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Name: Rosiglitazone
Synonyms: Rosiglitazone maleate, Avandia
Chemical Name: 5-[[4-[2-(methyl-pyridin-2-yl-amino)ethoxy]phenyl]methyl]thiazolidine-2,4-dione, AVANDIA®
Therapy Type: Small Molecule (timeline)
Target Type: Other (timeline)
Condition(s): Alzheimer's Disease
U.S. FDA Status: Alzheimer's Disease (Discontinued)
Company: GlaxoSmithKline (GSK)


Rosiglitazone is an antidiabetic medication that lowers blood glucose by sensitizing pancreatic target cells to insulin. Rosiglitazone belongs to the thiazolidinedione class of peroxisome-proliferator activated receptor γ agonists; PPARγ is a nuclear receptor predominantly expressed in adipose tissue, whose activation influences expression of genes involved in glucose and lipid metabolism. The FDA approved rosiglitazone for treatment of Type 2 diabetes in 1999, but side effects soon started being reported (Sep 2003 news) and their use was restricted in 2010 after having been linked to heart attacks and strokes (see New York Times article).

PPARγ has come to be a target of interest for Alzheimer's drug development because of an overlap of metabolic disease and Alzheimer's disease risk factors. Cell-based and animal studies have implicated PPARγ, in particular, as playing a role in neuroinflammatory processes in neurodegenerative conditions. For example, PPARγ activation has been shown to modulate the microglial response to amyloid deposition in such a way that it increases Aβ phagocytosis and decreases cytokine release (see Dec 2012 news storyMandrekar-Colucci et al., 2012). 

Rosiglitazone has been variously reported to improve behavioral outcomes, normalize brain glucocorticoid receptor levels, activate wnt signaling, and decrease insoluble Aβ42 levels in mutant human APP/PS transgenic mice (Pedersen et al, 2006Escribano et al., 2009Toledo and Inestrosa, 2010O'Reilly and Lynch, 2011). It was also reported to stimulate generation of mitochondria in mouse brain, and to protect synapses in hippocampal slice cultures against Aβ oligomer toxicity by way of increasing the number of mitochondria in neuronal spines and dendrites (Strum et al., 2007Xu et al., 2013). Anti-inflammatory and anti-tau hyperphosphorylation effects have also been proposed (Xu et al. 2014Yu et al., 2014).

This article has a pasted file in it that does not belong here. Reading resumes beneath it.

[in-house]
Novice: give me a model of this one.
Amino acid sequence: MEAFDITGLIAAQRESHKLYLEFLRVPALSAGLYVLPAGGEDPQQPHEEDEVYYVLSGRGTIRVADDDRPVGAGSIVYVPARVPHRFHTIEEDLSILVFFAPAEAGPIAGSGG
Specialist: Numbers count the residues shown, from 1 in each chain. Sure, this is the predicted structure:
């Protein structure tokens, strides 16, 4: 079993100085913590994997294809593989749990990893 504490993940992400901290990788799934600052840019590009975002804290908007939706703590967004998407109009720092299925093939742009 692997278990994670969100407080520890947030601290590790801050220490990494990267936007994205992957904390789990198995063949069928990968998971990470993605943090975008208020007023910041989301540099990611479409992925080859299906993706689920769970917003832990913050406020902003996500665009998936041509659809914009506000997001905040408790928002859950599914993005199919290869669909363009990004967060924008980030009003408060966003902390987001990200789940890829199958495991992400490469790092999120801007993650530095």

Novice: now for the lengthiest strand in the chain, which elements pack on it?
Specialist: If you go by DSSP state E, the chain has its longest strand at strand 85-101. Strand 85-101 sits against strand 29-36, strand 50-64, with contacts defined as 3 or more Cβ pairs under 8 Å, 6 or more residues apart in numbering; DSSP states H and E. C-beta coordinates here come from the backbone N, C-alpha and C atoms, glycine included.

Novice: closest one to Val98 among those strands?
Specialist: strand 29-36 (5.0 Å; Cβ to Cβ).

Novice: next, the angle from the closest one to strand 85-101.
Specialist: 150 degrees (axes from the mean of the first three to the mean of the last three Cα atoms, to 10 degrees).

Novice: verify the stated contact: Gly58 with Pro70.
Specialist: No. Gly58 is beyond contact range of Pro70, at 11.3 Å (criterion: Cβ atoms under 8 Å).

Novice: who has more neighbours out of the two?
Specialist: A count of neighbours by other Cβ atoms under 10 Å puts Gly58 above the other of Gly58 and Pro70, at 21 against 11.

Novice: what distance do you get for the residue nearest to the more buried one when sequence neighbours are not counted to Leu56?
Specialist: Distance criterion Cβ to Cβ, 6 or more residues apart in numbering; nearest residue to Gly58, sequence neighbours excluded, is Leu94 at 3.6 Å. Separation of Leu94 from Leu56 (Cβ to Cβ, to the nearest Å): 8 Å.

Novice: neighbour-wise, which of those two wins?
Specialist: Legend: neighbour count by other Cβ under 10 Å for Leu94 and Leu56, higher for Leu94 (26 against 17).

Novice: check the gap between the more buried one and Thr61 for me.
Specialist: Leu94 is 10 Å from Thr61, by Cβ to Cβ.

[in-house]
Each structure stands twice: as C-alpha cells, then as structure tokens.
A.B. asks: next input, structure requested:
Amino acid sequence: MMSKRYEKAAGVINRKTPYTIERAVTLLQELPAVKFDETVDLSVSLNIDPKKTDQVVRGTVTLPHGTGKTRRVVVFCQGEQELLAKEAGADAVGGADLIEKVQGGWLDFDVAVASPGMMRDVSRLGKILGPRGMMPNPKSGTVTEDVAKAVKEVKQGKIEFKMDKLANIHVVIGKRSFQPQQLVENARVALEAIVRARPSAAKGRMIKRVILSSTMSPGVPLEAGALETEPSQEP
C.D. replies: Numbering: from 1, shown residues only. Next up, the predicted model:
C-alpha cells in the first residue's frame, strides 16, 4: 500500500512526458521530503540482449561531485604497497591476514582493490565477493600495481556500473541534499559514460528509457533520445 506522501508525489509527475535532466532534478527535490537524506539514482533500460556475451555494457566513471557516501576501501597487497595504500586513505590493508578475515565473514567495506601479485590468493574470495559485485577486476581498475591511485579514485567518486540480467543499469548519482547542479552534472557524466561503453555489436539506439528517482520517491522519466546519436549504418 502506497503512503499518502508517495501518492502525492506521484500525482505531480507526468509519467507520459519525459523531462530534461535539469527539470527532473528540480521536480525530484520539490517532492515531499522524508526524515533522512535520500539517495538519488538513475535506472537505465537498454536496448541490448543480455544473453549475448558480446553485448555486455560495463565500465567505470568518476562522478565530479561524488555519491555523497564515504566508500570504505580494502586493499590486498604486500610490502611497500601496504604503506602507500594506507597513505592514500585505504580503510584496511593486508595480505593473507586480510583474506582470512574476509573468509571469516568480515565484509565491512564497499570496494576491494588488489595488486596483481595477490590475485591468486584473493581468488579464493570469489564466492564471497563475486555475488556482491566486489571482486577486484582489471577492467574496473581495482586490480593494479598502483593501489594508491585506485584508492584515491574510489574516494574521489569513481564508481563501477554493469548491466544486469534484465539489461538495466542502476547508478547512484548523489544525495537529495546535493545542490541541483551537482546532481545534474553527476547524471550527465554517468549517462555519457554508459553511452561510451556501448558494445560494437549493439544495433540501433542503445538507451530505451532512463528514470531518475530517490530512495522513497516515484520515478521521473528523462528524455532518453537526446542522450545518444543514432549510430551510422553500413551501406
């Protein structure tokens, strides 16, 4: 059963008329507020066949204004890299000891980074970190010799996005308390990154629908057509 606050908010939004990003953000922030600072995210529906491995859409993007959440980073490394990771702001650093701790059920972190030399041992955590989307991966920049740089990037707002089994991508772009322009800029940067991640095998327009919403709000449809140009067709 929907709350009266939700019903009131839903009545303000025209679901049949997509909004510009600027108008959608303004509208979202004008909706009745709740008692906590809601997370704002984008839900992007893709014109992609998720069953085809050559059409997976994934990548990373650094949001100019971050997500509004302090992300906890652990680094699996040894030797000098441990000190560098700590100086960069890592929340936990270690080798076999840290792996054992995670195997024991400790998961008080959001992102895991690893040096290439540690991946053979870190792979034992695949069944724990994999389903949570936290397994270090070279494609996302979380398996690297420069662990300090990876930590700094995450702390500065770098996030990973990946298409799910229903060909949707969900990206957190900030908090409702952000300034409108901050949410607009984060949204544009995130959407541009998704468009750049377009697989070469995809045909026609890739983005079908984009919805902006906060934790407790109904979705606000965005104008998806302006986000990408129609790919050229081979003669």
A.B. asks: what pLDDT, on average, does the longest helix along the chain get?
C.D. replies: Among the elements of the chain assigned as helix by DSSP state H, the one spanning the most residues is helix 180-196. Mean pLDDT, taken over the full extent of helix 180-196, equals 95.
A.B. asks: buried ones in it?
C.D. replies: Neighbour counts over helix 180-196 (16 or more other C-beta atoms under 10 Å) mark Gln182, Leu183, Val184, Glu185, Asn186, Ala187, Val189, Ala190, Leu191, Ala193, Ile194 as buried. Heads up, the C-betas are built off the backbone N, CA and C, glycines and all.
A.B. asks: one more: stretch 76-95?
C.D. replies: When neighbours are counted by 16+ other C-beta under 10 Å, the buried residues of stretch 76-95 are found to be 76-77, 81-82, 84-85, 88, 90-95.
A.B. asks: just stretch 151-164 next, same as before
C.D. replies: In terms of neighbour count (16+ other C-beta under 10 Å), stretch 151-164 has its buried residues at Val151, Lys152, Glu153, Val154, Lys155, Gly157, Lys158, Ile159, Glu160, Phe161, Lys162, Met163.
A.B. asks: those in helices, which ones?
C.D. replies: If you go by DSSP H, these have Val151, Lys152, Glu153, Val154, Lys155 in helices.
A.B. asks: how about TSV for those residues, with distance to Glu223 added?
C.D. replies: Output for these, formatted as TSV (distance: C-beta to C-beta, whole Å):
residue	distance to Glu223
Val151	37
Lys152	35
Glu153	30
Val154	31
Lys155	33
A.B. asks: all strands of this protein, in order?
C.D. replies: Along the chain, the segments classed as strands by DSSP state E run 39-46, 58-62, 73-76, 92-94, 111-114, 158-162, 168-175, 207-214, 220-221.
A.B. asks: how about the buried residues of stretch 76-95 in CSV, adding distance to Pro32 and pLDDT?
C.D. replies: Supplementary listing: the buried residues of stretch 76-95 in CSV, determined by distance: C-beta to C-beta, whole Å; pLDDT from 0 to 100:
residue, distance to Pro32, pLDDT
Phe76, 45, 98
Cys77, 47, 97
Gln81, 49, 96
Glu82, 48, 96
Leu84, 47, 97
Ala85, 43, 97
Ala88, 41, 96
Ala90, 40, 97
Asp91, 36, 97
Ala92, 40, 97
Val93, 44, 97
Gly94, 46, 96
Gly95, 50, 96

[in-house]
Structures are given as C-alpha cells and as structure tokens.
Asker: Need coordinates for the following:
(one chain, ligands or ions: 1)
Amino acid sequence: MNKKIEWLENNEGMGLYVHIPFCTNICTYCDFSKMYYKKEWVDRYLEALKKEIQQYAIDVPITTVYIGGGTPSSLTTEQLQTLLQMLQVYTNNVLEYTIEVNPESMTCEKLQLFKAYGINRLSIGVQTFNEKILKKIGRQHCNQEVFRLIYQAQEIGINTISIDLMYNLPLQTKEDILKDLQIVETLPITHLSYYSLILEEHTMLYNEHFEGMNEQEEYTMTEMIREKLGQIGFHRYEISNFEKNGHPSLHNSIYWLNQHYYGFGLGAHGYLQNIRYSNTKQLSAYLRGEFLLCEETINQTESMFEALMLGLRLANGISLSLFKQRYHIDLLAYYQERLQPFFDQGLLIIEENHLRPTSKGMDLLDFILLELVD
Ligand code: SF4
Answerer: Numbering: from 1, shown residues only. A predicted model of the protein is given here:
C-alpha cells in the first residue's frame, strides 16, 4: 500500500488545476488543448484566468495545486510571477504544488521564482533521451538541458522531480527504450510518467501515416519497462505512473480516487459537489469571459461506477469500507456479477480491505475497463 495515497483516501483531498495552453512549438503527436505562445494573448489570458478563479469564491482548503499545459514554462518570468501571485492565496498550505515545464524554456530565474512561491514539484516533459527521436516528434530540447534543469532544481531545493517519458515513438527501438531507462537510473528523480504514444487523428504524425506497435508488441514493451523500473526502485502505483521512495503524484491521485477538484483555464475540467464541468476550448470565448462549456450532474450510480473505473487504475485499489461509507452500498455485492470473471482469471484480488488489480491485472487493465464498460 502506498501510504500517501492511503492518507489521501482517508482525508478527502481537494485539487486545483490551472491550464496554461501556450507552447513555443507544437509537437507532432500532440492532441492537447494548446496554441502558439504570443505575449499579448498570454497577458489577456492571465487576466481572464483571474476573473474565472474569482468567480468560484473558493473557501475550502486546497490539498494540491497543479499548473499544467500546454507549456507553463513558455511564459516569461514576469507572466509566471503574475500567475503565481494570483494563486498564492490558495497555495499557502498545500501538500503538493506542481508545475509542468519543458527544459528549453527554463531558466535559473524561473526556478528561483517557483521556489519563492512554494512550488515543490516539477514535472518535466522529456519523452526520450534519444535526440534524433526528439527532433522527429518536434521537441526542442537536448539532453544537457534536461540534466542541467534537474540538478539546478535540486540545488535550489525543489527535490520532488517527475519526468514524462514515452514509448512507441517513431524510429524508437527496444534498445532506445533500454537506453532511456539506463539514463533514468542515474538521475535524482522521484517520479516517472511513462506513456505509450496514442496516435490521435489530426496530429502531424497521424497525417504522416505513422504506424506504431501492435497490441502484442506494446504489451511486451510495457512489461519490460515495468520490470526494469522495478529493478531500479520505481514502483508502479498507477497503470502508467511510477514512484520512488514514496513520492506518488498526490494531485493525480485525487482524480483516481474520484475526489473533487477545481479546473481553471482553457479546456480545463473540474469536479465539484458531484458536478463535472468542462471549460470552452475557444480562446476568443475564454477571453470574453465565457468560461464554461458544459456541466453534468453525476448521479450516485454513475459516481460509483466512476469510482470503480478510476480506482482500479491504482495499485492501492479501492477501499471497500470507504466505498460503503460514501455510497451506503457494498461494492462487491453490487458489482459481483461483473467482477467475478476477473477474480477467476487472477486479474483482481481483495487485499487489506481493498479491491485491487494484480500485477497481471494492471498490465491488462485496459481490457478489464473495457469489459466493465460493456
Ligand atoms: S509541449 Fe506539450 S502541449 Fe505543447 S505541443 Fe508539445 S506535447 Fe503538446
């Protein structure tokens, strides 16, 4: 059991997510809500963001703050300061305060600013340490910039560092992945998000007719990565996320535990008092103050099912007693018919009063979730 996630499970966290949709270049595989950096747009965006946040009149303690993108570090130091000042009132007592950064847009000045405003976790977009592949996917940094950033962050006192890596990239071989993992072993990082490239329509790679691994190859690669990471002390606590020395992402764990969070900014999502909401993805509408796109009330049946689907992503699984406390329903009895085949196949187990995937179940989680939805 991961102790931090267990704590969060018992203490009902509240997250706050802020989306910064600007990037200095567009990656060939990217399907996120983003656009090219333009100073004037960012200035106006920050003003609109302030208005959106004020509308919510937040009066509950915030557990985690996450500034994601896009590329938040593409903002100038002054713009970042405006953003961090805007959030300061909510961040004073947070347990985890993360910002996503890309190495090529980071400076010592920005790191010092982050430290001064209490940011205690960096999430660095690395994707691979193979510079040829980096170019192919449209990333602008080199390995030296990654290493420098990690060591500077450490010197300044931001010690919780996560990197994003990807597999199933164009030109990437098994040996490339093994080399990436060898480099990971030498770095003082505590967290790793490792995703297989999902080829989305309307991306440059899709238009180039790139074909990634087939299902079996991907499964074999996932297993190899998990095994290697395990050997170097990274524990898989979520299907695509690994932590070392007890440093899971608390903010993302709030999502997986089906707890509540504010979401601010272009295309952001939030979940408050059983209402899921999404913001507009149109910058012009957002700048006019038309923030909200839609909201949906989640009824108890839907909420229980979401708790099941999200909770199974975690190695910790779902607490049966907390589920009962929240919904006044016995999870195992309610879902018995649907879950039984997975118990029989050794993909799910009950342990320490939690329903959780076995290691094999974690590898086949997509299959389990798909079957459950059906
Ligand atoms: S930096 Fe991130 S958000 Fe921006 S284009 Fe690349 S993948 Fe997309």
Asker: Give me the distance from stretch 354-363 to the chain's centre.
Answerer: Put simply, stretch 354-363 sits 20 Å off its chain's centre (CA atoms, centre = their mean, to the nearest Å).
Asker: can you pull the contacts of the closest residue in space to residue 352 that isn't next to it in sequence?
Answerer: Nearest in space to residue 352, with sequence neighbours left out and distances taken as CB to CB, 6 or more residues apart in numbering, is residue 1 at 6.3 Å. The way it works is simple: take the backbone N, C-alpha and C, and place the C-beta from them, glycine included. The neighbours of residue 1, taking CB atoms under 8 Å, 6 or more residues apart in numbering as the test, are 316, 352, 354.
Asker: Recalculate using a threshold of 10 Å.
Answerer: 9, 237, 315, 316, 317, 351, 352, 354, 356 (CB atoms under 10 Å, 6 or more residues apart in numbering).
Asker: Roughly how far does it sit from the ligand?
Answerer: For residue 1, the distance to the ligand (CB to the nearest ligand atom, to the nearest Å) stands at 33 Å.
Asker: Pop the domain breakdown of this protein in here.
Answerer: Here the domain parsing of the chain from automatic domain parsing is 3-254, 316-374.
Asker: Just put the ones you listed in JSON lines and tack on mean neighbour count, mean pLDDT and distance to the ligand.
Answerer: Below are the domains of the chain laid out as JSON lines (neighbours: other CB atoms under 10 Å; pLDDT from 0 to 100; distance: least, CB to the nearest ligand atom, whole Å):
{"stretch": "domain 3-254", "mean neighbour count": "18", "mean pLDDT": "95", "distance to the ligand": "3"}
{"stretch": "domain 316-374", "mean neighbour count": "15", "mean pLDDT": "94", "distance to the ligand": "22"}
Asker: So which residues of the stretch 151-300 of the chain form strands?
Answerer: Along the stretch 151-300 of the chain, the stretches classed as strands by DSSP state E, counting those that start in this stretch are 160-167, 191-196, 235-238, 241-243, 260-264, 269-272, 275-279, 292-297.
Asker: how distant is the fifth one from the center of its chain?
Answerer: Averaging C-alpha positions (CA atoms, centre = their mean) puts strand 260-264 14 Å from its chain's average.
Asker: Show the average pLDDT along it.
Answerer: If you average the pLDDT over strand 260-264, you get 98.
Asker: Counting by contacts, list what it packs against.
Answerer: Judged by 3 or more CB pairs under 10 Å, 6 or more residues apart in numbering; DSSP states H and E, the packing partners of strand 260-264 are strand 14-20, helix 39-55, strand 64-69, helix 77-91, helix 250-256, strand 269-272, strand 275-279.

A dozen clinical studies have evaluated rosiglitazone in AD.

Starting in 1999, a pilot study at the Veterans Affairs/University of Washington tested a six-month course of 4 mg per day of rosiglitazone or placebo in 30 people with amnestic MCI or mild AD. It reported a treatment benefit on recall and attention, as well as stable plasma Aβ in the treatment group versus declining plasma Aβ in the placebo group, claiming a slowing of disease progression (Nov 2002 newsWatson et al., 2005).

Subsequently, GSK ran four Phase 1 trials in a total of 142 patients to assess drug interactions, an extended-release formulation, and pharmacokinetics. From May 2004 to July 2008, GSK conducted a multicenter Phase 2 study in North America and the United Kingdom. It evaluated the effect of a one-year course of 8 mg per day of rosiglitazone on global and regional functional brain activity and cognition in 80 people with mild to moderate Alzheimer's disease. This trial reported an early increase in glucose metabolism, but no evidence for a slowing of progression at one year (Tzimopoulou et al., 2010).  

From January 2004 to May 2005, GSK ran a large Phase 2 trial at 67 centers in Europe and New Zealand, comparing 2 and 8 mg of rosiglitazone per day to placebo in 511 patients with mild to moderate AD for their ability to change baseline ADAS-cog or Clinician's Interview-Based Impression of Change plus caregiver input (CIBIC+) levels. The trial missed its primary endpoint, but a subgroup analysis found a treatment benefit on the higher dose in ApoE4 non-carriers, prompting a pharmacogenomic Phase 3 program (Sep 2006 newsRisner et al., 2006).